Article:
We meet with the blossoming artists ahead of Arts-Mart the Gallery's new exhibition, and talk marriage, merriment and making sure everyone has access to art.
Another top artist from Arts-Mart’s The Artists of Tomorrow group exhibition, 34-year old Mohamed El Damarawy’s work already graces the walls of those in the know. Undoubtedly, his unique approach has made him one of Egypt’s most talked about young artists of this generation as he has a knack for taking every day Egyptian scenarios and elevating them, using colour to breathe life into his canvases. But it wasn’t always that way – “I’ve always been painting the same characters, but it used to be darker… a little duller,” he explains. So what changed? Where did this ray of light and explosion of hues that characterise his latest collection come from? “Well, I recently got married,” he says with a sheepish grin. “And that’s not the only thing that changed – look how much weight I gained!”
Graduating in 2003 from Luxor’s Faculty of Fine Arts, El Damarawy shied away from the spotlight, honing his craft before making his gallery debut in late 2005. Since then, his work has made appearances in some of Egypt’s most prestigious galleries, quickly garnering a following among connoisseurs on the lookout for the next big thing. As his skills developed, so did his style. “The difference is that the first stage was simple, with little thought, but the new stage is more mature, more pure colours, more life,” as the man himself puts it.
As for his subjects, El Damarawy is a pro at pulling from real-life, relatable cultural elements of Egyptian living, while being able to add his own point of view. “I try to make reality crazier. Reality is crazy already, but I try to add my feelings to it, I try to add colours to make it more alive. We always see dullness around us, especially during the recent period,” he explains, inadvertently commenting on the state of Egypt’s rapid yet low quality infrastructural development. “Happiness, loving life, our Egyptian identity… These are all issues that I’m trying to emphasise in my work,” adds the artist, who seems to be of the glass-half-full variety. We guess marital bliss helps his optimism…
A full-time artist now, the Beheira native clearly draws inspiration from his hometown. “I lived in Cairo for almost 10 years, but I was fed up, it was really overcrowded, so I had to find where I’m most comfortable. In Beheira, there’s a lot of agricultural land, and people don’t follow fashion trends – they’re still wearing the colourful abayas and intricate, handmade accessories,” he says. “I even understood Cairo more when I left it and settled back in Beheira.” Scenes of traditional celebrations recur in the collection being prepped to debut at Arts-Mart’s Artists of Tomorrow exhibition, launching 30th January. From a bride and groom exchanging loving glances at their zaffa to a Moulid inspired scene, complete with an accordion player, the Egyptian obsession with outlandish festivities is clearly communicated. “My paintings are expressionist,” he says simply.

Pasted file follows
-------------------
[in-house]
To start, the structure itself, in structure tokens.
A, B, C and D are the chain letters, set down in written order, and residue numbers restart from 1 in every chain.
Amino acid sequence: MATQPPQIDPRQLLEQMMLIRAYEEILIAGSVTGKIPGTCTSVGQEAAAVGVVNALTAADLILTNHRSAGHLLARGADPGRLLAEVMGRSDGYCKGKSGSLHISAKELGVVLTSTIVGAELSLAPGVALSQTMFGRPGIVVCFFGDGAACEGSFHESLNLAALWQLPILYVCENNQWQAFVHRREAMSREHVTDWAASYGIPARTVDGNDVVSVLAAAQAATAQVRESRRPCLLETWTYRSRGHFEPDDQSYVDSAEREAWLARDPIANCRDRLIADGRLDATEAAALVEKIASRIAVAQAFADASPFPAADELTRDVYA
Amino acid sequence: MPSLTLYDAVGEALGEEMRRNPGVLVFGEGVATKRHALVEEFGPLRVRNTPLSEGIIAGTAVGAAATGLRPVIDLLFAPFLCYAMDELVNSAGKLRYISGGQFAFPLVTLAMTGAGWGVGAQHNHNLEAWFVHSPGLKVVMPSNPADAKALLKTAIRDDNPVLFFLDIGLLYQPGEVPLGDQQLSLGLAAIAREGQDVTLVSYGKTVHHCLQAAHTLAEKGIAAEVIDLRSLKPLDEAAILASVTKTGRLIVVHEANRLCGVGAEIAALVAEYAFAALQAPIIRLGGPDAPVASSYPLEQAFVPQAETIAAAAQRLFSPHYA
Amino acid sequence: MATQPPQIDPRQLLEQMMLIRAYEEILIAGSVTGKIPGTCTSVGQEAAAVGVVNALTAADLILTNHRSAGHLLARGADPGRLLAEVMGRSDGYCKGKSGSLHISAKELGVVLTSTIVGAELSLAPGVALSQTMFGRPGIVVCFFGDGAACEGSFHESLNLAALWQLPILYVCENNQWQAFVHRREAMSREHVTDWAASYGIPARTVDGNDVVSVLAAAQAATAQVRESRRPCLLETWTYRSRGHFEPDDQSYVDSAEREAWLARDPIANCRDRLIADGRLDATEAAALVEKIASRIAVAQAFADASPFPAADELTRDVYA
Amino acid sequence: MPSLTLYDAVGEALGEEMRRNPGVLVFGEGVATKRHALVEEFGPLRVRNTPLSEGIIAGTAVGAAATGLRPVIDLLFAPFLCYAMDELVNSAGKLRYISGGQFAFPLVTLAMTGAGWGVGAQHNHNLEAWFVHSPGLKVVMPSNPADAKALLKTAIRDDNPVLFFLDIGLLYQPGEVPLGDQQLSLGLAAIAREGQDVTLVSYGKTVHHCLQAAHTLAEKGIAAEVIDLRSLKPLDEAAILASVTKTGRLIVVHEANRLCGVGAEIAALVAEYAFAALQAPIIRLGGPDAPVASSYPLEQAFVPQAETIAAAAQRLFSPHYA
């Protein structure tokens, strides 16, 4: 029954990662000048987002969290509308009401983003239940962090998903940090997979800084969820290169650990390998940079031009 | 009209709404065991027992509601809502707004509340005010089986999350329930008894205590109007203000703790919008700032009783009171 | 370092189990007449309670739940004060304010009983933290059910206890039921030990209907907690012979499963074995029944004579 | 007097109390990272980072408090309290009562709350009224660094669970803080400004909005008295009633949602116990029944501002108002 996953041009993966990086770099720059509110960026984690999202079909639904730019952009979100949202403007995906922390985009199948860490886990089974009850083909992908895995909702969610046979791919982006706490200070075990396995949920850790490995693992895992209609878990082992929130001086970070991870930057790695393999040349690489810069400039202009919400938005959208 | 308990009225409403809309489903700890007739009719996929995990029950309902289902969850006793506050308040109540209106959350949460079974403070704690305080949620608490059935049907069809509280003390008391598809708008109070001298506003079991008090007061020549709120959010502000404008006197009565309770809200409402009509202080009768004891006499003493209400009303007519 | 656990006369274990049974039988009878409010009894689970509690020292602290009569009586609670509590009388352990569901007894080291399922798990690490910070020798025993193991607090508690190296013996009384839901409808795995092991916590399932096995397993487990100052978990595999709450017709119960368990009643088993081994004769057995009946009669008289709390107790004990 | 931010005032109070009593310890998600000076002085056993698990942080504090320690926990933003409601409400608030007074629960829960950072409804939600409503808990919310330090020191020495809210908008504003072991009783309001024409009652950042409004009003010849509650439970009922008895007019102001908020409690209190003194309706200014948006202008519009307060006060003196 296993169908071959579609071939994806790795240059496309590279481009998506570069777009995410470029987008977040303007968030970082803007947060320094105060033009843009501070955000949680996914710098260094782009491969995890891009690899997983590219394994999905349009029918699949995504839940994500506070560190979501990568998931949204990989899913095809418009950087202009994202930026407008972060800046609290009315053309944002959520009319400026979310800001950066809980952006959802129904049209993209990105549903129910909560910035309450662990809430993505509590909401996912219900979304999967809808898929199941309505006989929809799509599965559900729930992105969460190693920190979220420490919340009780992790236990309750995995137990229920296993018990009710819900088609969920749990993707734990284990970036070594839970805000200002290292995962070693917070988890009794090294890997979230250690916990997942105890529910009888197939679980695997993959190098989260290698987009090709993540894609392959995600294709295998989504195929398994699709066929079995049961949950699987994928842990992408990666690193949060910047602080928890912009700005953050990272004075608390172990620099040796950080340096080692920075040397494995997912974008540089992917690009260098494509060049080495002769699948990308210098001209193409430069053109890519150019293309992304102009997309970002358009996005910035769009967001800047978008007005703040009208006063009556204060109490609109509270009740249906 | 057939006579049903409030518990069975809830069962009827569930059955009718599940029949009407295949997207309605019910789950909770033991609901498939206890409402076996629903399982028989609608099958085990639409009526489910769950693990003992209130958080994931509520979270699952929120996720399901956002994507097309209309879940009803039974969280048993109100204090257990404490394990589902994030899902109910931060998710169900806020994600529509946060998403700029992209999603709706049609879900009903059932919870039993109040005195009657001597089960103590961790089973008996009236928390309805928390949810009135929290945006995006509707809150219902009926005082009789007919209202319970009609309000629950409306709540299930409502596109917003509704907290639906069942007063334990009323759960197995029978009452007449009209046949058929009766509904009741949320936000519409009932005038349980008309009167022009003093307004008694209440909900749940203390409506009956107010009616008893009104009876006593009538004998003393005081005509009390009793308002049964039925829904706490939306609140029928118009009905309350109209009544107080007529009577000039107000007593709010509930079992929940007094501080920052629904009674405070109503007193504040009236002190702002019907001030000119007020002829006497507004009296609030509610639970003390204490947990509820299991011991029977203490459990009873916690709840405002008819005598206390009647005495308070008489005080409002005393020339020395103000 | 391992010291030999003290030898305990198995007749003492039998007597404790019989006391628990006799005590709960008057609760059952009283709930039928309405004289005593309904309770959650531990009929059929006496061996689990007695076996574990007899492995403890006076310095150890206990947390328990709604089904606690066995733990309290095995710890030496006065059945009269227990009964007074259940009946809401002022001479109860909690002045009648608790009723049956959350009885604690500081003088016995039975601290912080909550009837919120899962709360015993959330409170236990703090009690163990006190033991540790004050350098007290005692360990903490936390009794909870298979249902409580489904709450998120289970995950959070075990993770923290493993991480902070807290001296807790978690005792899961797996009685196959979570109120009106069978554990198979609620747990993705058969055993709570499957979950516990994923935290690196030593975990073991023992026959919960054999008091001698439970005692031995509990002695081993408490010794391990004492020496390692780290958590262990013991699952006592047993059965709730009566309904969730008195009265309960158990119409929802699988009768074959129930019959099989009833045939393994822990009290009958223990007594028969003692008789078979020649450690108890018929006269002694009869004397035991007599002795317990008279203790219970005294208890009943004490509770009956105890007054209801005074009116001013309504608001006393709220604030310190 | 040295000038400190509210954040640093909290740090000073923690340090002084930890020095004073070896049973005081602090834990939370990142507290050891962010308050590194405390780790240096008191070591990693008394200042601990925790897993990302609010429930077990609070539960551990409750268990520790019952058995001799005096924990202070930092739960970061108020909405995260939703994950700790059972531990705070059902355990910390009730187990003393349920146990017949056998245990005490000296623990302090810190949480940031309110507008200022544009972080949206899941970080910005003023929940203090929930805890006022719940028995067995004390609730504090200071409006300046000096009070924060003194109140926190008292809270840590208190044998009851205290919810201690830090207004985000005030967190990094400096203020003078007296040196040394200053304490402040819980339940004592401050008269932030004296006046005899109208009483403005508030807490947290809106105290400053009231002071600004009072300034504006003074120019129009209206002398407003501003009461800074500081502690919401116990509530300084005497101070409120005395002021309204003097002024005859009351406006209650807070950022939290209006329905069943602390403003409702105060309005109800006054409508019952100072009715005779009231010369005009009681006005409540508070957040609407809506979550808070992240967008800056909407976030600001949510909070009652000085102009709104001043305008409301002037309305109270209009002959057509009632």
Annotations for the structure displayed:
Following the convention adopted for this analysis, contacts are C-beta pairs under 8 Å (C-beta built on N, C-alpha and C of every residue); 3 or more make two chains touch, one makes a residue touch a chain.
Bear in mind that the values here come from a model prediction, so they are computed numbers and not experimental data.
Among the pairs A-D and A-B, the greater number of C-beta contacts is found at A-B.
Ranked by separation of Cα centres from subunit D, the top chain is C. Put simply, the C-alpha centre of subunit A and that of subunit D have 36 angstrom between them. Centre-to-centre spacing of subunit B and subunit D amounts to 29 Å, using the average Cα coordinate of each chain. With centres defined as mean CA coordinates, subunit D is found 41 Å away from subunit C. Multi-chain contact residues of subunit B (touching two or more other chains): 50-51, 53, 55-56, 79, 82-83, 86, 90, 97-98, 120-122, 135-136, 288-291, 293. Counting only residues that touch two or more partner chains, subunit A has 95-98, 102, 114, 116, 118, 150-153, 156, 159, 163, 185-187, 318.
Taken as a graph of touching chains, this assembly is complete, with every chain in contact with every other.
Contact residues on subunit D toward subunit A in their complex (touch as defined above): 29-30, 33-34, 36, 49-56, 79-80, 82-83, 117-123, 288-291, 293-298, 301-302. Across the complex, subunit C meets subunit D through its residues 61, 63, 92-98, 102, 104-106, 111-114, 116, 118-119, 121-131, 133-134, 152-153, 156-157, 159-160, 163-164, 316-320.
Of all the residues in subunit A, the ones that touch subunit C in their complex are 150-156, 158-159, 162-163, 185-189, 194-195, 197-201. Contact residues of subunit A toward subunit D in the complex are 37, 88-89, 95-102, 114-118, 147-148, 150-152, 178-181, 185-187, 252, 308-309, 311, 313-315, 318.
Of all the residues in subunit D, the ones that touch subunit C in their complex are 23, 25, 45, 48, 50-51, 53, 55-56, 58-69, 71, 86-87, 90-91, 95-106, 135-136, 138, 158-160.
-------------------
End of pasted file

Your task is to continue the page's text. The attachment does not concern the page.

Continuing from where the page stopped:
“I like to let every person analyse my paintings their own way, but I sometimes like to pick their brains about it,” he says when our conversation turns to art criticism and appreciation. “But I don’t really like praise, though. I believe there’s more I can offer, and that every stage will gain me more experience and understanding.” The humble painter also seems to share Arts-Mart’s philosophy of bringing down the barriers between art and the average citizen. “There are two types of artists, the first one is the self-centered, narcissistic type, and you’ll see that in his/her paintings. Then, there’s the type that loves reality and people, and you’ll see that in their paintings as well. I’m from the second type. The role of an artist is to make his message reach the whole society within which he lives; he has to offer simple art that both intellectuals and normal people can understand,” he explains. And there’s no better place than Arts-Mart the Gallery to offer exactly that.
For more about Arts-Mart and the upcoming exhibition, check out their Facebook page here.
Photography by Mahmoud Asfour.